The future of an 18-nation group is in doubt after Palau abandoned it over a leadership dispute.
By Damien Cave
SYDNEY, Australia (@2020 The New York Times)— The Pacific Islands’ most important regional body is on the brink of collapse after a dispute over the election of a new leader led the nation of Palau to abandon the organization and announce the withdrawal of its embassy from Fiji.
Other Micronesian countries may follow Palau out of the group, the Pacific Islands Forum, which could hinder momentum on addressing climate change. The forum has long been the region’s megaphone, shouting for action on the world stage as those who live on hundreds of islands are inundated by rising seas and pummeled by more catastrophic storms.
“They’ve said in the past that the relationship in the Pacific is unique — it’s like a family,” said Jonathan Pryke, the director of the Pacific Islands Program at the Lowy Institute, an independent think tank in Sydney. “To have a family member leave altogether, it’s just a very bad sign.”
The forum was founded in 1971 as a representative body for the South Pacific, then expanded in 1999 to include the North Pacific, and divisions within the 18-nation organization (now 17 and shrinking) are not uncommon. Fiji was suspended from the group after a coup in 2009, returning in 2015. Six years ago, a dispute about who would lead the group as its secretary-general was resolved only after a walk and a long talk among a handful of influential leaders.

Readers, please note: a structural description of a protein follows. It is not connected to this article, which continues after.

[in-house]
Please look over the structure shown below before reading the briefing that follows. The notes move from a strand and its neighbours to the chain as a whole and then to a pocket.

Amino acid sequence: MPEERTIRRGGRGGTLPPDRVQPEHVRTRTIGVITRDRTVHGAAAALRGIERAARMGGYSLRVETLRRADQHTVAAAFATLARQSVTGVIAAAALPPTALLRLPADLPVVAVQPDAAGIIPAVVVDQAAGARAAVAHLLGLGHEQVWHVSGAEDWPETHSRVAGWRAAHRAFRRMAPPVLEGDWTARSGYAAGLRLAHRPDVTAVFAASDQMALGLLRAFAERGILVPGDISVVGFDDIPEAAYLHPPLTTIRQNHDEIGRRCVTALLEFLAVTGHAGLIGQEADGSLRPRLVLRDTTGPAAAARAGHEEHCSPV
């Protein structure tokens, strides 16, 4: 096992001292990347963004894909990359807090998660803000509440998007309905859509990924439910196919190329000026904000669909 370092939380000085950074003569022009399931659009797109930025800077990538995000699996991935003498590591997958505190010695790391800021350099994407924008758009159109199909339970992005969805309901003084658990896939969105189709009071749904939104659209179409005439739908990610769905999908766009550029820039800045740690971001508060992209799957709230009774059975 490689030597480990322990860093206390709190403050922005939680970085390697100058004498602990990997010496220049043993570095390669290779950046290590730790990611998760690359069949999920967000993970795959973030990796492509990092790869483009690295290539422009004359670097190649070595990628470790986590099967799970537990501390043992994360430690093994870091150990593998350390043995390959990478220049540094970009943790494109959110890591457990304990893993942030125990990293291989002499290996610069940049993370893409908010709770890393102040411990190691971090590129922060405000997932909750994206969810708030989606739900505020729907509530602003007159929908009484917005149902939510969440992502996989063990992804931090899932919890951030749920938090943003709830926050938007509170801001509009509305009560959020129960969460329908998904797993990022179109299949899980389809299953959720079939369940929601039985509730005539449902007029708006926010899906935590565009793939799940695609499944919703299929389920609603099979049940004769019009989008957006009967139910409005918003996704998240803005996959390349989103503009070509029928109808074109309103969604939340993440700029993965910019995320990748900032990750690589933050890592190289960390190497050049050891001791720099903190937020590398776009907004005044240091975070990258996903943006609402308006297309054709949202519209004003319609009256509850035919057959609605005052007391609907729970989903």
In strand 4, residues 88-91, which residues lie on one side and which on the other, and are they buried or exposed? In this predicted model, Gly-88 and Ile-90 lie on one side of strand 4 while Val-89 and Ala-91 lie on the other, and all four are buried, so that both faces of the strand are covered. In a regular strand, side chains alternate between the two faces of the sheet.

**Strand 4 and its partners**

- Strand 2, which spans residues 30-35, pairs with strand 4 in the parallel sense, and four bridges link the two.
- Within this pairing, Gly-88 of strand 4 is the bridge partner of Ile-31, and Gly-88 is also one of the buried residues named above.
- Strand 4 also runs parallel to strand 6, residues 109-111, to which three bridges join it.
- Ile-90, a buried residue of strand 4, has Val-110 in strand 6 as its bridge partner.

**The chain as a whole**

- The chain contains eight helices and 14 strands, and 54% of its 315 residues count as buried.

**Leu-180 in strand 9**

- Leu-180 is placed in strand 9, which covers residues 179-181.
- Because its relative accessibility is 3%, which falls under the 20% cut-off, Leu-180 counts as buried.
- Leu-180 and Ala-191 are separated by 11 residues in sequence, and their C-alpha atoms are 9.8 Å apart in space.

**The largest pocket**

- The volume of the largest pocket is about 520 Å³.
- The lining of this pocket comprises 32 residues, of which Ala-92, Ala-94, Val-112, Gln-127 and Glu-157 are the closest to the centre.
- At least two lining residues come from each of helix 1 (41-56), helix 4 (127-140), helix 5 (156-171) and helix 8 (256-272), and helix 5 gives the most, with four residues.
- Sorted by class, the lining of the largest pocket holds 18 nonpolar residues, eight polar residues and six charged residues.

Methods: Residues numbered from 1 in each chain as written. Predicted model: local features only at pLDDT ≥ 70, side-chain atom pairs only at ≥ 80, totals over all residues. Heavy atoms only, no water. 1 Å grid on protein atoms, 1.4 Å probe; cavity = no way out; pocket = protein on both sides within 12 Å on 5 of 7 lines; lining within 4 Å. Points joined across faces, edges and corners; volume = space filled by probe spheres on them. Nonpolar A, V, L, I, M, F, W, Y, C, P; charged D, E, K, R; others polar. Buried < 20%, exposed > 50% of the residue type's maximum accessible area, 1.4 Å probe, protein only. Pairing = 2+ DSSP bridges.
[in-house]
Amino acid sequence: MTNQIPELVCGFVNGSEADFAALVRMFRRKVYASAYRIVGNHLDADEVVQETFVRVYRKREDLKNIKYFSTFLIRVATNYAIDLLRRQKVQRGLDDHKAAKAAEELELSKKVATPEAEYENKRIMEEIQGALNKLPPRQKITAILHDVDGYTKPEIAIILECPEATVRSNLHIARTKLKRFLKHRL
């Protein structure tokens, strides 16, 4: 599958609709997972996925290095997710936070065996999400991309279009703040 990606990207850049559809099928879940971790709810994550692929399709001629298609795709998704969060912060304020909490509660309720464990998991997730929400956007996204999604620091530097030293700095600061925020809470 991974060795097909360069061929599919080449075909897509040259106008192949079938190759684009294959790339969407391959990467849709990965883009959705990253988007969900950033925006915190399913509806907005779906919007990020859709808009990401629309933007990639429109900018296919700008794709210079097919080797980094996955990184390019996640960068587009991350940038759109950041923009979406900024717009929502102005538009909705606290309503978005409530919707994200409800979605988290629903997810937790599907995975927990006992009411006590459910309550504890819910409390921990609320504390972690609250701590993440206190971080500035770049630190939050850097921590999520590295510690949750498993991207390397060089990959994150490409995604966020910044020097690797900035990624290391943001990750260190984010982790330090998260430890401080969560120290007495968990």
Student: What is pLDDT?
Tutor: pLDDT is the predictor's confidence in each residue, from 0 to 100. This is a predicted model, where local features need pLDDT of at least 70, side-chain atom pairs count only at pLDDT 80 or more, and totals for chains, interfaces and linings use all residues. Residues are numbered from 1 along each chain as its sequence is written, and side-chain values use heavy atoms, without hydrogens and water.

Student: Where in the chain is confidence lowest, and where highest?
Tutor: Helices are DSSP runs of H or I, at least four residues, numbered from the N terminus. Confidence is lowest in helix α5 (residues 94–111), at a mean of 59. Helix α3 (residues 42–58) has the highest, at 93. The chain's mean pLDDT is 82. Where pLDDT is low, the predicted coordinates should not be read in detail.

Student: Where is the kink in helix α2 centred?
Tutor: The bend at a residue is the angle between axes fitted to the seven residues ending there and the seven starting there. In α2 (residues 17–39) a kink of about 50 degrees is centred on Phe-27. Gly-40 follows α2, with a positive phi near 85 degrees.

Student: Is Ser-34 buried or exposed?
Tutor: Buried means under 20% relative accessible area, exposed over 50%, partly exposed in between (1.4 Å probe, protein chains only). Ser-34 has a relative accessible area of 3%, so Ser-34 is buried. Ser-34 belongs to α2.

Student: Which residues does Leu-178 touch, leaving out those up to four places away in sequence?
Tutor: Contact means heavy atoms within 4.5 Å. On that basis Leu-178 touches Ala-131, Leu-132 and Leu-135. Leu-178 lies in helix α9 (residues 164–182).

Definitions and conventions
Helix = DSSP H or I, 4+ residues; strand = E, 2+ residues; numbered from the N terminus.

But this year, because of the pandemic, that was not possible. Covid kept the Pacific family apart: The annual forum was conducted over Zoom, and the dozens of in-person meetings that usually precede the gathering did not happen.
Mr. Pryke said that lack of connection seemed to have contributed to the explosion of long-simmering frustrations.
In general, the countries of Micronesia in the North Pacific — with smaller populations and economies — have complained of being sidelined by the larger countries to the south, including Fiji, New Zealand and Australia.
To help manage that, the forum developed a tradition of rotating the secretary-general position among leaders from Melanesia, Micronesia and Polynesia.
This week, that protocol broke down into a heated free-for-all.
A flurry of candidates emerged in early votes, and Thursday’s final election elevated a former prime minister of the Cook Islands, Henry Puna, to the role of secretary-general. In simple terms, it was Micronesia’s turn, but its candidate, Gerald Zackios, the Marshall Islands’ ambassador to the United States, lost the final tally by one vote.
Publicly, the forum said its decision had been driven by strong support for Mr. Puna.
Surangel Whipps Jr., Palau’s president, described the result as an act of disrespect.
“The process regarding the appointment of the secretary-general has clearly indicated to the Republic of Palau that unity, regionalism and the ‘Pacific Way’ no longer guide the forum,” he said.
Mr. Pryke at the Lowy Institute called the absence of consensus “a step backward” for the group, at a time when unity is especially important.
“The Pacific is facing major existential crises, the foremost of which is climate change,” he said. “They have been vocal advocates worldwide, far above their size and stature, and it’s largely because of the unity you see in the Pacific — which appears to be rapidly unwinding.”